Yeah, that’s what I’m dealing with.

I’m drinking more than usual. White wine with this lunchtime salad. A shot of bourbon before that 6pm video chat. When my friend Will died a few months ago, I had tequila for breakfast, took a shower (had tequila in there), wiped my tears, got dressed and then started my day.

Twenty years from now there'll be a knock at my door. When I look through the peephole and see my kidney standing there, punching its palm with a fist, talking about how it wants payback for the way I treated it in 2020, I won’t be surprised.

Alcohol is pervasive. It’ll jump into you. One minute you’re talking to a neighbor, next thing you know you have a Corona in your hand. It’s one of the most widely marketed things in our economy—billions of dollars are spent each year to ensure that you can’t venture into a city center without encountering alcohol advertisements.

I know alcohol is one of the strands that make up the fabric of this society. I question whether it’s holding it together or holding it back.

On one hand, in a year like this it can seem damn near asinine not to drink. Over two million people worldwide are dead from a virus that wasn’t on the map in October 2019. America, with over 200,000 deaths from COVID-19, compiles even more reasons to drink with its ever-present layers of racism, police violence and race-based inequalities, packaged all up in an election year unlike any other.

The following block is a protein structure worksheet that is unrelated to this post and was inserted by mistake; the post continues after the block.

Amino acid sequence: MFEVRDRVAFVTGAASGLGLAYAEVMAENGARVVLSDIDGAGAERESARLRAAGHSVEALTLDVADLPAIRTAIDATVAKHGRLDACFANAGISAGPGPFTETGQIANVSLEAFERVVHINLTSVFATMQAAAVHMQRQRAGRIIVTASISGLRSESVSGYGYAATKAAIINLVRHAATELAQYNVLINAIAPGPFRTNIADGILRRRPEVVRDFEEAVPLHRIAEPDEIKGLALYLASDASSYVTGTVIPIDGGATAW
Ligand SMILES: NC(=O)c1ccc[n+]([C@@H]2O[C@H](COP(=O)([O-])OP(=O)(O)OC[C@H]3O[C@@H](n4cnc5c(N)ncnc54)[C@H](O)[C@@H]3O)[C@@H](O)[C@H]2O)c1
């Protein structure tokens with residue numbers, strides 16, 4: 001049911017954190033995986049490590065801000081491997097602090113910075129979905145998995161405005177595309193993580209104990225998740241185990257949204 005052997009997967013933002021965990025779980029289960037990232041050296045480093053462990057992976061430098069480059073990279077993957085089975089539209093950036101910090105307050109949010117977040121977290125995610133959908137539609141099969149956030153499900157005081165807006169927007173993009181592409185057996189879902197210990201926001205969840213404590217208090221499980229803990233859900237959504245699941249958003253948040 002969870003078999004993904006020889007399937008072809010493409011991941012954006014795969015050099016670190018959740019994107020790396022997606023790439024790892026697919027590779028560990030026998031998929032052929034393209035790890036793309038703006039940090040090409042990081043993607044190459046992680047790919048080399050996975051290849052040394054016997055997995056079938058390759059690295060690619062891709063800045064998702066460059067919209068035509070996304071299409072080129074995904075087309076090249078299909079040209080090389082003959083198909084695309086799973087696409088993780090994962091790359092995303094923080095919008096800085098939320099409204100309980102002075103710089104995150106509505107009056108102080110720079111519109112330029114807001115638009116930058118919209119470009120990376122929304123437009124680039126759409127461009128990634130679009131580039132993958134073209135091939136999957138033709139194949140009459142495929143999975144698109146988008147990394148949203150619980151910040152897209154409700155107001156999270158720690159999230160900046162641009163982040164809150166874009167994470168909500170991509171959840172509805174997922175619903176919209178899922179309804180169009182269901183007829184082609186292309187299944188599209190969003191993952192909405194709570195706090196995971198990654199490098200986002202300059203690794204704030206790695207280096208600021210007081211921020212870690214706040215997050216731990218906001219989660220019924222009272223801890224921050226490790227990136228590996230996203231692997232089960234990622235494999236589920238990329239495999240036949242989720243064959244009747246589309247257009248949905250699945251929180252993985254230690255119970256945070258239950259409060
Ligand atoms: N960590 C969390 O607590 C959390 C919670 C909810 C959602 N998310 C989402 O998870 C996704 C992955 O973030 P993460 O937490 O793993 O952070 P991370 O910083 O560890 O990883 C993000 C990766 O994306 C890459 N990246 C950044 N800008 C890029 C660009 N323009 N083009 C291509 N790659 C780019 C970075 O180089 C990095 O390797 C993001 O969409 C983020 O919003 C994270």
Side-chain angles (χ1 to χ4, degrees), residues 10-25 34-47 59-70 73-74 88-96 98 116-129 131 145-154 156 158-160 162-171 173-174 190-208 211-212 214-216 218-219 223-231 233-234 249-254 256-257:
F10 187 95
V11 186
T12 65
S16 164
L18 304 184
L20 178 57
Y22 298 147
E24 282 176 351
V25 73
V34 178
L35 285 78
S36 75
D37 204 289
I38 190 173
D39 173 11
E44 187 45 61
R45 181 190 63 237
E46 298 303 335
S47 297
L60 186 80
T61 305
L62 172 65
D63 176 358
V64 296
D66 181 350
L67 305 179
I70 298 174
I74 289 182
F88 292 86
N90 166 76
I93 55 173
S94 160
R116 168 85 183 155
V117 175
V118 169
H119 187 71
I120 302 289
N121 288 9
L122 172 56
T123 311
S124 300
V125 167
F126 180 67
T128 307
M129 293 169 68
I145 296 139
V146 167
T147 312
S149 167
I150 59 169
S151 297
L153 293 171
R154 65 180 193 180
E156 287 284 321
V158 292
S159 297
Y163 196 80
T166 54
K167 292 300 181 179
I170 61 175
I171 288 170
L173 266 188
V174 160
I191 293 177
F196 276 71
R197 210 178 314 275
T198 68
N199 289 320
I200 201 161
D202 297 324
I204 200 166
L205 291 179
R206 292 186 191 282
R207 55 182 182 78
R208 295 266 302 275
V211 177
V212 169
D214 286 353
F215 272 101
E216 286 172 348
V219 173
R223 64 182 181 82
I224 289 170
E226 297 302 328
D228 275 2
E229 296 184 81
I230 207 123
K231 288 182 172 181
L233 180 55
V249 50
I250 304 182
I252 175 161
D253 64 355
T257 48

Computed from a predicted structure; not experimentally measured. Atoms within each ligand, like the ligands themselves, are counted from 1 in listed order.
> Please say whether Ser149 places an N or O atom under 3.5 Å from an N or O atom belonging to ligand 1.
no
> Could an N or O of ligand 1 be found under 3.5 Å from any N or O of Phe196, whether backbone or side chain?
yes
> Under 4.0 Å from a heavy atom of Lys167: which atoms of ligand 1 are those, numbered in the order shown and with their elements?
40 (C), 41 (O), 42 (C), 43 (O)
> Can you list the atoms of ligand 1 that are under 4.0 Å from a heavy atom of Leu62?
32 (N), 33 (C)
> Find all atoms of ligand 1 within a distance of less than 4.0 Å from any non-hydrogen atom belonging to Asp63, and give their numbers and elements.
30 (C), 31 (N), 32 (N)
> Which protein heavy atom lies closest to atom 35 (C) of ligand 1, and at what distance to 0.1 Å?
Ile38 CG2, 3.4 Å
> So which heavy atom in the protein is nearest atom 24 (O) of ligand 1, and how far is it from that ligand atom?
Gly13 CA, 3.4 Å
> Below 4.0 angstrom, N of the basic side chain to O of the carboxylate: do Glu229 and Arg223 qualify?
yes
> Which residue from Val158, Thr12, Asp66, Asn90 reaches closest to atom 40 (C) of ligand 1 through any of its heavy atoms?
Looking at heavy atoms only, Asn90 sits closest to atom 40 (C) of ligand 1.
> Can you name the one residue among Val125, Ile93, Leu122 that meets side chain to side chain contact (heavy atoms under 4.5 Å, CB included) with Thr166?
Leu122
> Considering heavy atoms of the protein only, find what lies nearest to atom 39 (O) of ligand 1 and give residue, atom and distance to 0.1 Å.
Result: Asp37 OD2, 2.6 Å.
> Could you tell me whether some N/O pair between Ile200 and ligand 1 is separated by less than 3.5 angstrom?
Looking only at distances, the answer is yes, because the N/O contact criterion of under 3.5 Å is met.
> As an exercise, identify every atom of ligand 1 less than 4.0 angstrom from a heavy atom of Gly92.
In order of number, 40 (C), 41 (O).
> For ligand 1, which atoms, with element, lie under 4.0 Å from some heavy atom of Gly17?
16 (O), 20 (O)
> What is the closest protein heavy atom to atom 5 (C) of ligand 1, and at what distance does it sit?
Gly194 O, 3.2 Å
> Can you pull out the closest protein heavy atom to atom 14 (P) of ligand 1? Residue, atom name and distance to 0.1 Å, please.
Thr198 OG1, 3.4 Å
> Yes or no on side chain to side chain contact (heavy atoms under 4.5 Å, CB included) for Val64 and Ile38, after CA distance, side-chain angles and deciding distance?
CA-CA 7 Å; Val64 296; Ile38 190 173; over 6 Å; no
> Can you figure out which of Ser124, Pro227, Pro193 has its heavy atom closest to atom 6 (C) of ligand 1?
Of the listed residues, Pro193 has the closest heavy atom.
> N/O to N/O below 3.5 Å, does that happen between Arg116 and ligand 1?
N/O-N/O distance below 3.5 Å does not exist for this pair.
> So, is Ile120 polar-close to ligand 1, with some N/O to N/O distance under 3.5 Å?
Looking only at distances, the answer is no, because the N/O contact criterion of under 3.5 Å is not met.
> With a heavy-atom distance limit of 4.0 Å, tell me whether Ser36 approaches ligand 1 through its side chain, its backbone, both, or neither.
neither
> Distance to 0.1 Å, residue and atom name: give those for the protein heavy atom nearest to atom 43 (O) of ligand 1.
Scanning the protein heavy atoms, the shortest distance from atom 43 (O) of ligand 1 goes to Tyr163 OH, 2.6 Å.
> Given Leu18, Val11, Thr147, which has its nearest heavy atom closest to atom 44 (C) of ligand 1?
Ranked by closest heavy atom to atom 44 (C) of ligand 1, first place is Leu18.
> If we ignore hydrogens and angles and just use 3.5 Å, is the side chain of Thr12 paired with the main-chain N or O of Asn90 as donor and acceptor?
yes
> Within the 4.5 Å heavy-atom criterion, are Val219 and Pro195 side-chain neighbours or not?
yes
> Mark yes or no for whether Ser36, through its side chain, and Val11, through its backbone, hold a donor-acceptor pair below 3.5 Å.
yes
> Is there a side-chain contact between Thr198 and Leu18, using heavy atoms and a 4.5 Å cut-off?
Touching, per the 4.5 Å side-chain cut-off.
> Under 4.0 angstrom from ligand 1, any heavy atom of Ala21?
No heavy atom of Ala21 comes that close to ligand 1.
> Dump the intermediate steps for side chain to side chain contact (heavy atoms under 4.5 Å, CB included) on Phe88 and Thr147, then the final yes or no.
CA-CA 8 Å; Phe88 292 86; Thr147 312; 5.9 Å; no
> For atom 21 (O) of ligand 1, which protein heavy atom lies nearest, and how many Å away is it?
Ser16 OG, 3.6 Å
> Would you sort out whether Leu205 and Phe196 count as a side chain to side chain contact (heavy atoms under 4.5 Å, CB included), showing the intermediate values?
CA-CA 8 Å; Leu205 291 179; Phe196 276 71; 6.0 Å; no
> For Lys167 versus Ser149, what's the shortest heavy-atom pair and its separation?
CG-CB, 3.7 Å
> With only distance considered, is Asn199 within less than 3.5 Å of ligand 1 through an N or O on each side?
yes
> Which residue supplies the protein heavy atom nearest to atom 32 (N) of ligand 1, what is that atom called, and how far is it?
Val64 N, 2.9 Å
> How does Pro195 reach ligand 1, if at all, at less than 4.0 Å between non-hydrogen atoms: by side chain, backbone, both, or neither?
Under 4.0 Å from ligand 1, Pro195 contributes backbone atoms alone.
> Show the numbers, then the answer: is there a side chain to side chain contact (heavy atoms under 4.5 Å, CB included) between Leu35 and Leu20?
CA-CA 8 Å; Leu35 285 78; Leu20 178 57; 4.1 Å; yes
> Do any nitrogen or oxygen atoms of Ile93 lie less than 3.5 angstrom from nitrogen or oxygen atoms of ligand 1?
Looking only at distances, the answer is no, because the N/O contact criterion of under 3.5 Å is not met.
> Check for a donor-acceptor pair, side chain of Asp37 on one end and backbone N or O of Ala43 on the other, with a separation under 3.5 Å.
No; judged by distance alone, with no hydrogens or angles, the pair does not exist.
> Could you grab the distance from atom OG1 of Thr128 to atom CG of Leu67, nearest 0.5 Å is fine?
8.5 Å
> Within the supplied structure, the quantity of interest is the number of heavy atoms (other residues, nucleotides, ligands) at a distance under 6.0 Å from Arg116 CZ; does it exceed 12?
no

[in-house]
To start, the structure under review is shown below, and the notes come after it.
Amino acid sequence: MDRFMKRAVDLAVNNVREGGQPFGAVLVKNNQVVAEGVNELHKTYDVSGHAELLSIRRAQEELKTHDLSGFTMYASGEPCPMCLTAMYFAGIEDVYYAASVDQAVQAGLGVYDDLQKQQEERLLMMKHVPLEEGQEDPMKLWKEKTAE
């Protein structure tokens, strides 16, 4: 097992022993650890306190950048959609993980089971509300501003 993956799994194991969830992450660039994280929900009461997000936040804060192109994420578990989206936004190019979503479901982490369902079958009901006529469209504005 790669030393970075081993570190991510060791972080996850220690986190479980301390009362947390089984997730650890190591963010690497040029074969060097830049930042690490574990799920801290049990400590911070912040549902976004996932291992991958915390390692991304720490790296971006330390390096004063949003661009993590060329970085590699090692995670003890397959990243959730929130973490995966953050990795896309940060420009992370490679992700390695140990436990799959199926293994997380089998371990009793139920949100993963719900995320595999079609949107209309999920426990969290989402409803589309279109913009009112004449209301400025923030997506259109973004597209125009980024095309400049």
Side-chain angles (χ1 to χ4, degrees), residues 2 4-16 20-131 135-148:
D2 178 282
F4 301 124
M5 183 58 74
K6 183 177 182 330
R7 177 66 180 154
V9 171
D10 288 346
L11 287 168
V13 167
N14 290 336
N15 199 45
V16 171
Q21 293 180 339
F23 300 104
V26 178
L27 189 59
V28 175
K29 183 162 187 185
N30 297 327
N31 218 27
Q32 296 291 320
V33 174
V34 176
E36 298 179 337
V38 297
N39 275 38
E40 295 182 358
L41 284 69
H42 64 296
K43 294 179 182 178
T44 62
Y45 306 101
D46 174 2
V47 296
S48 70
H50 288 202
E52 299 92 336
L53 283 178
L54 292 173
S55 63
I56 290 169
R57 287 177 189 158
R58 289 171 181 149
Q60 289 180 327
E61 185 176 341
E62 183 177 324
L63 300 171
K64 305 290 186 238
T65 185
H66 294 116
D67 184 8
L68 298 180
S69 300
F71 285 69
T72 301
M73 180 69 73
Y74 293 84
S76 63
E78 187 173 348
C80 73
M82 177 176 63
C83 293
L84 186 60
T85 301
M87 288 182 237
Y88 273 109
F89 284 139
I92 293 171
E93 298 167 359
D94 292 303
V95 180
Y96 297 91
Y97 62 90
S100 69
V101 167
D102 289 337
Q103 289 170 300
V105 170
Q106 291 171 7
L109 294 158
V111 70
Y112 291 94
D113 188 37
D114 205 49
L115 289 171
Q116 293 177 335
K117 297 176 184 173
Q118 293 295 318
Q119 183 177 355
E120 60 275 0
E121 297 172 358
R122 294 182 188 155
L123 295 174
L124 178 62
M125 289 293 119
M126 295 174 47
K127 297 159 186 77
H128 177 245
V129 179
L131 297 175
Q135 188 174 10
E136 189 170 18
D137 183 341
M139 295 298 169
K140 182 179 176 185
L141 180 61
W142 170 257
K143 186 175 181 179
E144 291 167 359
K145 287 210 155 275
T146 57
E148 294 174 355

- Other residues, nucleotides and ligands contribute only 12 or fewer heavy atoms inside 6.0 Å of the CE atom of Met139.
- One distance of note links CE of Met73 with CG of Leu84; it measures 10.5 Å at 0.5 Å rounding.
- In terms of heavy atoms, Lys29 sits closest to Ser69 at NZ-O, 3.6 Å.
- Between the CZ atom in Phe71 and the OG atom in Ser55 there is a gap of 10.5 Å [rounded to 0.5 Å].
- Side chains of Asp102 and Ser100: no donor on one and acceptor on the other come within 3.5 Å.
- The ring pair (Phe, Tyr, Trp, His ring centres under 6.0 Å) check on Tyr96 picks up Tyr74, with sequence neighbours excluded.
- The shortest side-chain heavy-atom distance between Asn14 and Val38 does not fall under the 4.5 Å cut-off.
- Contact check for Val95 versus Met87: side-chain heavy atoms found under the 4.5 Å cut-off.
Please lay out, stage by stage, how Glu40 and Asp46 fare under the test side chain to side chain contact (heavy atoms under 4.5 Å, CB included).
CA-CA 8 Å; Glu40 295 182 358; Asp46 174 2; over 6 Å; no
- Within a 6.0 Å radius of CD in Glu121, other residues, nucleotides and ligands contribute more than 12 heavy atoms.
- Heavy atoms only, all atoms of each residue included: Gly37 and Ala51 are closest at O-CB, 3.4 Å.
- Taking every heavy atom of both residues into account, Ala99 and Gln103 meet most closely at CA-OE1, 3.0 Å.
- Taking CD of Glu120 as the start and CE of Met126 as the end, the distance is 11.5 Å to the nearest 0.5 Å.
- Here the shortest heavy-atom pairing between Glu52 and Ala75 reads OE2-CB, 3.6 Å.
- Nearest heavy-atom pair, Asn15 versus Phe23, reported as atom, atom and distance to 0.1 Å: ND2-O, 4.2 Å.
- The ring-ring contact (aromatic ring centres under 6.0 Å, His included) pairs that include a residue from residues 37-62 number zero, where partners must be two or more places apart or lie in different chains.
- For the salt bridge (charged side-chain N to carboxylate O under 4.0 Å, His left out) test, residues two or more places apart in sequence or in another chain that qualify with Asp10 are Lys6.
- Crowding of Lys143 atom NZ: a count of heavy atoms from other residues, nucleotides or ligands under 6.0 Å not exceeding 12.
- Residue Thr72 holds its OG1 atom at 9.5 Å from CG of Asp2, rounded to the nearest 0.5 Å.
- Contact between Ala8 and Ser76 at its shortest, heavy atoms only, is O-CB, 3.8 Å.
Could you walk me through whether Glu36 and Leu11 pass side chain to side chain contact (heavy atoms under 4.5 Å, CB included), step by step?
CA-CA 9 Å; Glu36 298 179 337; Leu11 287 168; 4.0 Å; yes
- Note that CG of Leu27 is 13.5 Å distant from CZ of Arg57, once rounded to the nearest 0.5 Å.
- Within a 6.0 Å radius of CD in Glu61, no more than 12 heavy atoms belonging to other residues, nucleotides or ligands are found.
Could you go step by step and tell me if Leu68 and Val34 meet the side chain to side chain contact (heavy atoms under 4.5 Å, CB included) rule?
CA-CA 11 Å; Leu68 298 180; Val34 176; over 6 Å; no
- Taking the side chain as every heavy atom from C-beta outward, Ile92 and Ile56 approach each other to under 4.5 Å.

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On the other hand, there’s got to be another way other than drank.

Driving down Fruitvale Avenue last Friday, I saw some of my folks having a posthumous birthday celebration for a childhood friend, Willie Clay, who was killed 14 years ago. Balloons. Airbrushed T-shirts. Big bottle of dark liquor on the steps. If I would’ve pulled up, I would’ve poured up. Another reason to drink.

I hit the horn, tossed up the peace sign and kept pushing.

On Monday I stopped in North Oakland to pay my respects to a childhood friend’s grandmother, Albertha Bell, a woman who fed me on plenty of days as a youngster. After turning down a few shots of Hennessy from loved ones and awkwardly trying to hold conversations with folks I hadn't seen in years, while wearing a mask, I had to dip. The reasons to drink were just too persistent.